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Print 60 comment(s) - last by BansheeX.. on Jun 7 at 8:01 PM

Another day, another SQL injection exploit

Just when Sony appeared to be getting back on the right track with the full restoration of its PlayStation Network, LulzSec struck again hitting Sony right between the eyes. The group once again used an SQL injection tactic to gain access to the Sony Pictures account database.

This time around, LulzSec manage to obtain:   

  • 1 million user accounts (including passwords, email and home addresses, and data of birth)
  • All admin account details and passwords
  • 75,000 music codes
  • 3.5 million music coupons

In addition, there was even opt-in data that was accessible, which gives even more information about Sony's customers and their preferences.

The part that amazes LulzSec (and us for that matter) is that fact that Sony stored all 1 million user passwords in simple plain text files -- no encryption whatsoever was used. "It's just a matter of taking it," stated LulzSec in a press release. "This is disgraceful and insecure: they were asking for it."

The group went on to express its disdain for Sony and its security practices (or lack thereof): 

Our goal here is not to come across as master hackers, hence what we're about to reveal: SonyPictures.com was owned by a very simple SQL injection, one of the most primitive and common vulnerabilities, as we should all know by now. From a single injection, we accessed EVERYTHING. Why do you put such faith in a company that allows itself to become open to these simple attacks? 

LulzSec has provided evidence of their latest "Sownage" on its site, which can be accessed here.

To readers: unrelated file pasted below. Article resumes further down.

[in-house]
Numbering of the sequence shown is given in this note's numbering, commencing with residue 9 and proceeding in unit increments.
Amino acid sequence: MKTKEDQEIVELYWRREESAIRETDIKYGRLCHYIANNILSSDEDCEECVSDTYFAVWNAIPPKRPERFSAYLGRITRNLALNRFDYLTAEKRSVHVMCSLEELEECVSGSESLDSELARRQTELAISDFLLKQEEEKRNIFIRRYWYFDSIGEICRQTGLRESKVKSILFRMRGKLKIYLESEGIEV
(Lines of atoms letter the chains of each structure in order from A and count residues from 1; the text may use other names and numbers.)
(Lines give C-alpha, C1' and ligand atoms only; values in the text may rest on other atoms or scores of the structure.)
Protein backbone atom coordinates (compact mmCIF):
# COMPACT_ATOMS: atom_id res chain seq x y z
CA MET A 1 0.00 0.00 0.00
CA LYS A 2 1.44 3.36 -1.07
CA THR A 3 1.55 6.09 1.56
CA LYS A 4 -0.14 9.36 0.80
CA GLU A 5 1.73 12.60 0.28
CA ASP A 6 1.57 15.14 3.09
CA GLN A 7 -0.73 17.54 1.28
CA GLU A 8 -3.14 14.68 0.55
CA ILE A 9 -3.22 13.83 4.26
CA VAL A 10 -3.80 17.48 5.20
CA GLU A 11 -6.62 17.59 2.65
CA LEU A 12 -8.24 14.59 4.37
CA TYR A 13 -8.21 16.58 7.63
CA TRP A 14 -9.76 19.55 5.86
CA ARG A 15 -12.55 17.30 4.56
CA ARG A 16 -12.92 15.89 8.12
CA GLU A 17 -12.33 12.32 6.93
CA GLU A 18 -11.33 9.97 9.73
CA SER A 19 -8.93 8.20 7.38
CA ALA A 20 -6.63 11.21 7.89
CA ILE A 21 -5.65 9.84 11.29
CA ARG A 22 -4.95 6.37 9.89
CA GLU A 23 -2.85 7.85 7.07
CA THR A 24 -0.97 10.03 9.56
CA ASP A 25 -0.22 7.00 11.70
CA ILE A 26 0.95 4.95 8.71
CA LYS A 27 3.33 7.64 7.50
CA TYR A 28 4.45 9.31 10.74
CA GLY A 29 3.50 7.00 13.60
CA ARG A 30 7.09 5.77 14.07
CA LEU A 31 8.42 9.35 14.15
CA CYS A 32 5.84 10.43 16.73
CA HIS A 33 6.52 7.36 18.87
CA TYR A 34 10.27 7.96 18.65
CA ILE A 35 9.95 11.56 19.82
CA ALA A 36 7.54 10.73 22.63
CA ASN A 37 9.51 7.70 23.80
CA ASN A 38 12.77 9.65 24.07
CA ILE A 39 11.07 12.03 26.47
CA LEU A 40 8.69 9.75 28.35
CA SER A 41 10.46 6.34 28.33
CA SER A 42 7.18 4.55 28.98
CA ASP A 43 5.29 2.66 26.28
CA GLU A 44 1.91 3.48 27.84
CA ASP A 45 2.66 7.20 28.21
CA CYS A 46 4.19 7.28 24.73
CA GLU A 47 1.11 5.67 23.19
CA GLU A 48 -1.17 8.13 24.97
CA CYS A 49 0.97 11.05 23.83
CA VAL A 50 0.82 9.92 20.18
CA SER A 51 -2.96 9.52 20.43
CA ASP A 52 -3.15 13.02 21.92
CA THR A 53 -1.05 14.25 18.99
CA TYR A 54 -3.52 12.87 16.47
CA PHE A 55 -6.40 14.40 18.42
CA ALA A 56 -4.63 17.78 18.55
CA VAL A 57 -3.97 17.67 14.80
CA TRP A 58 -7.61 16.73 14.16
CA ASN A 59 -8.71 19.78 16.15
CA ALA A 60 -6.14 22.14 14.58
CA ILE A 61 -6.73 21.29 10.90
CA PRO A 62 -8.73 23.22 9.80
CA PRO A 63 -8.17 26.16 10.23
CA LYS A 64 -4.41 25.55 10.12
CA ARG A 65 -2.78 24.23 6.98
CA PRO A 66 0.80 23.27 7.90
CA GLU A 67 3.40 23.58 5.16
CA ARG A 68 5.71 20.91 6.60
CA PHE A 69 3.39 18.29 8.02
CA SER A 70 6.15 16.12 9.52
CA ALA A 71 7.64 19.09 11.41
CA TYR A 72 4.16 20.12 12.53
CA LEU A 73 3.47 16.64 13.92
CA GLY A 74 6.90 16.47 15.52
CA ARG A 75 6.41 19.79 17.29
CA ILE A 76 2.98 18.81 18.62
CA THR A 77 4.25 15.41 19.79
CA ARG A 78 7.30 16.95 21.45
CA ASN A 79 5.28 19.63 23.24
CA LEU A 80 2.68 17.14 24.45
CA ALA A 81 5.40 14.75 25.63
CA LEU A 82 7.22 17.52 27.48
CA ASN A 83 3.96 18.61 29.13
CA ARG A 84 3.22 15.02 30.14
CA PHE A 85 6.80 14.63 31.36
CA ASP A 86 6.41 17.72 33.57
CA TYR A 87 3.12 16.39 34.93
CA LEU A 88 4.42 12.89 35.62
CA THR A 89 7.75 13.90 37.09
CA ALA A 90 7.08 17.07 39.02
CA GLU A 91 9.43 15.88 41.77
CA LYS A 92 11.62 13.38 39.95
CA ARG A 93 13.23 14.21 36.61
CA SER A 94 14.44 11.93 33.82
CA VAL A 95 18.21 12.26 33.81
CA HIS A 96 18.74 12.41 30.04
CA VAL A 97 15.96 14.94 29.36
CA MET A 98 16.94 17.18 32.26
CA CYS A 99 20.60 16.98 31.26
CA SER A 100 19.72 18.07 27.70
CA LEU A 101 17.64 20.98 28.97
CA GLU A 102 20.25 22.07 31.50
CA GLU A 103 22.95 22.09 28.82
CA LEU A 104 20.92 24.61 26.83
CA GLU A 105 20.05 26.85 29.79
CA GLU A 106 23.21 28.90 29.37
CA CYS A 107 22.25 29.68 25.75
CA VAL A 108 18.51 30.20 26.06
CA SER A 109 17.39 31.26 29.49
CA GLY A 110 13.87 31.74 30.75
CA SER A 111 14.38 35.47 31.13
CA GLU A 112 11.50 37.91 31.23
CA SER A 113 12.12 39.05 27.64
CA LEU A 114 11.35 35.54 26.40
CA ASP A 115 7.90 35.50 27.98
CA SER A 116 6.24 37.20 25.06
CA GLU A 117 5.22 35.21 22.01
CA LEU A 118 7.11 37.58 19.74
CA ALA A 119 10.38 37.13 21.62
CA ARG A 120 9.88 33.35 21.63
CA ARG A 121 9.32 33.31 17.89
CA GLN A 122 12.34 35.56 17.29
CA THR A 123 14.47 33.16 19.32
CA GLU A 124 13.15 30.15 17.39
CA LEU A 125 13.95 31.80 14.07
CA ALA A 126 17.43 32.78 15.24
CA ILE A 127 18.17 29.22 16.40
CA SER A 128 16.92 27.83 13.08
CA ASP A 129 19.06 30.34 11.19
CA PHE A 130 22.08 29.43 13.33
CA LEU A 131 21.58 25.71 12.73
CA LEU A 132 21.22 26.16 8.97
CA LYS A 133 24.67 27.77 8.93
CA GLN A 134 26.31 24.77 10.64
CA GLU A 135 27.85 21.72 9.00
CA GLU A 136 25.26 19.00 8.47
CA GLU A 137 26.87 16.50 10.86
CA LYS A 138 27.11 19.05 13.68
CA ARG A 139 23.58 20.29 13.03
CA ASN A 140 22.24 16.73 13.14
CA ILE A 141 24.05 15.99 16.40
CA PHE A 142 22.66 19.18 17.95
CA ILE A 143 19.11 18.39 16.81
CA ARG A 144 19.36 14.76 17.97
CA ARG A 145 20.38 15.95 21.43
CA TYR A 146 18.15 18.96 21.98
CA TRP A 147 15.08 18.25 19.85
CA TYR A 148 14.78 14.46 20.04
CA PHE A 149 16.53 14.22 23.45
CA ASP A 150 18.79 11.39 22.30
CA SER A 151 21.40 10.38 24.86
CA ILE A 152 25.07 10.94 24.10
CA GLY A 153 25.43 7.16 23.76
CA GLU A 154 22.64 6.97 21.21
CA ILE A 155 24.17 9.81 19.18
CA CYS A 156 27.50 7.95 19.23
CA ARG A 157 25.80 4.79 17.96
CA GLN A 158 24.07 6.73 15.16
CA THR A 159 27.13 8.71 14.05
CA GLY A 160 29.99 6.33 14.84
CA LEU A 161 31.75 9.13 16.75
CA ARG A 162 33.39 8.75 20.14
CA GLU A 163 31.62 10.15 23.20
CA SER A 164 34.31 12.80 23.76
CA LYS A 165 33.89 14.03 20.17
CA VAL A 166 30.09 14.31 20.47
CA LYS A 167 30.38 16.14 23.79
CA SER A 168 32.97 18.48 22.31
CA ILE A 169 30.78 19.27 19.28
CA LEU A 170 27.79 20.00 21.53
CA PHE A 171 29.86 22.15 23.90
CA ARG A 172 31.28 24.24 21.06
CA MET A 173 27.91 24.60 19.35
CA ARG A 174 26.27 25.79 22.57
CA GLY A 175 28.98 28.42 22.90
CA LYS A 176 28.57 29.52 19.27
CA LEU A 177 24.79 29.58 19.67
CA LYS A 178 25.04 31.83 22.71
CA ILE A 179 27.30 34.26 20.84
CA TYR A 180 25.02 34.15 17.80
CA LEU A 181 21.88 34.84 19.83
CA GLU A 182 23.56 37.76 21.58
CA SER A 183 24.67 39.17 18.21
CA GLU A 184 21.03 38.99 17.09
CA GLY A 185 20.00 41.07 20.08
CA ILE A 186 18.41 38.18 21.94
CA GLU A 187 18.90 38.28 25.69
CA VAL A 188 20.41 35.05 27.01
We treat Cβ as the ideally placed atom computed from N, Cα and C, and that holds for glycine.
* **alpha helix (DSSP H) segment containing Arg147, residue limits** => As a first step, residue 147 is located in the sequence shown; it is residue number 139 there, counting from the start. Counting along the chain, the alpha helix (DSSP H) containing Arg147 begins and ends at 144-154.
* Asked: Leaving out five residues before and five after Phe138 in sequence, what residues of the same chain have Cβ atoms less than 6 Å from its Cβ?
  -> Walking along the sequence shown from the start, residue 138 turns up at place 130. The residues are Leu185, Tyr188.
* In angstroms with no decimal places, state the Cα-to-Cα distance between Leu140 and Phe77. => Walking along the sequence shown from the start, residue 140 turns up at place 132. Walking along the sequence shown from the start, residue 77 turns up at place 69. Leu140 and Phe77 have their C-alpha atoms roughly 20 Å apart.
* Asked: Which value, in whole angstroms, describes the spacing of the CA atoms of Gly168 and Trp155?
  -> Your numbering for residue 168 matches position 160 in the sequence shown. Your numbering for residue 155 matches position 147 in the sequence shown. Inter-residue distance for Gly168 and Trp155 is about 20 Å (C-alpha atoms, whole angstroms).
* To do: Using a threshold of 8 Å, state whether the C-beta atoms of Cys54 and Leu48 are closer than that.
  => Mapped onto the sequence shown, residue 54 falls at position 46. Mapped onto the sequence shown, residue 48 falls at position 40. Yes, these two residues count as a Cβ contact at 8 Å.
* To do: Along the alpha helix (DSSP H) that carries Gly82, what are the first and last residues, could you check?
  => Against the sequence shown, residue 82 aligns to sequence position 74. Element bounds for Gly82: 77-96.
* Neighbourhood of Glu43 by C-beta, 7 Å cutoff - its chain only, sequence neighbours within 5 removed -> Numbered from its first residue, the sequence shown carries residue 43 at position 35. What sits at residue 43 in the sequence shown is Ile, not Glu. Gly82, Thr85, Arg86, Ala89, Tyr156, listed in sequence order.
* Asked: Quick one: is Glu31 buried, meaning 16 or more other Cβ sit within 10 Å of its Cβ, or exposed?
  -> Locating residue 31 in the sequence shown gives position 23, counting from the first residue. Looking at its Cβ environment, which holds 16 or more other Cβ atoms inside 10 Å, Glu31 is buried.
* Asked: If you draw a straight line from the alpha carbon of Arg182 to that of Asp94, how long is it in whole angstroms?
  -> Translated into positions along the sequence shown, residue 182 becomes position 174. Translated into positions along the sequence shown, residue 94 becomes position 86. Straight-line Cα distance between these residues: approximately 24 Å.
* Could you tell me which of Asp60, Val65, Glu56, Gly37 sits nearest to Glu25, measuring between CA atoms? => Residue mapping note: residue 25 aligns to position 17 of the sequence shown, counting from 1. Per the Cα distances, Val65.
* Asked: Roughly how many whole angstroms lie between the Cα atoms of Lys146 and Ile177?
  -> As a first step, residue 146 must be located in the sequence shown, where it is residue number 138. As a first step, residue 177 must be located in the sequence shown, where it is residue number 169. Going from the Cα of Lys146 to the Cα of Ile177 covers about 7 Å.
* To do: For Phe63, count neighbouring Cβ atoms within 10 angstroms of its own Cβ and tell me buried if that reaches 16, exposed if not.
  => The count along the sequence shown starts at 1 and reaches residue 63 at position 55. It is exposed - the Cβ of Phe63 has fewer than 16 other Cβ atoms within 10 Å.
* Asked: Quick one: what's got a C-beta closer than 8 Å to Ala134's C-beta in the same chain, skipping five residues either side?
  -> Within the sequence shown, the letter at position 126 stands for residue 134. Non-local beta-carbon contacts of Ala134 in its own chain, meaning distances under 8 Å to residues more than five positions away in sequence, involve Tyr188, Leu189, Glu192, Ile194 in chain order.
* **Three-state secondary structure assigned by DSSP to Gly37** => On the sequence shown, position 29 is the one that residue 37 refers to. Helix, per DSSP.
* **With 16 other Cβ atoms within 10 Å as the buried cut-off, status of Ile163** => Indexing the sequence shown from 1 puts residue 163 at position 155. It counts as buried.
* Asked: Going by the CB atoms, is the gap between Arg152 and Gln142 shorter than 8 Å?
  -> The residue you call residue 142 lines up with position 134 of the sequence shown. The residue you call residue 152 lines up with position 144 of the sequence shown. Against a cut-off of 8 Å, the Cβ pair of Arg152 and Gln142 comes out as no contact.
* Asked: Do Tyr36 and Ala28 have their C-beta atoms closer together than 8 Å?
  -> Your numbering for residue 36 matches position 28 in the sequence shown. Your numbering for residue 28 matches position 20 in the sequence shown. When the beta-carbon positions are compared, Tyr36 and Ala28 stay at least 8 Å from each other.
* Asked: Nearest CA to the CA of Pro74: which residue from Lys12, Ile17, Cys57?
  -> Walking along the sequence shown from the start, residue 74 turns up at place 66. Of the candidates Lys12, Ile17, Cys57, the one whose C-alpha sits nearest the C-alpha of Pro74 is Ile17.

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Checks and Balances
By Autisticgramma on 6/3/2011 1:25:15 PM , Rating: 2
These are growing pains. $ony, is in it for profit, and only profit. Security is secondary to profit.

The Law (as in whats illegal) is behind. This is why America needs a consumer protection agency. Then we could go to $ony and ask what their security practices are, and order then to shape up or find another market. Allowing yourself to be hacked this easy should be illegal. It's akin to me leaving a loaded gun next to a 7 year old's birthday cake, then complaining that not only do I have to clean the gun but all my ammo is gone. The other kids at the party, are just an after thought.

Locks only stop honest men - but that doesn't mean you don't have one on your front door. $ony's house obviously has no windows or doors - let alone locks. Even the police will tell you if your door is open there is no expectation of privacy.

If no one demonstrates this openly, would they have even known. Say $ony did figure it out, would $ony even have told us? Certainly not the third time.




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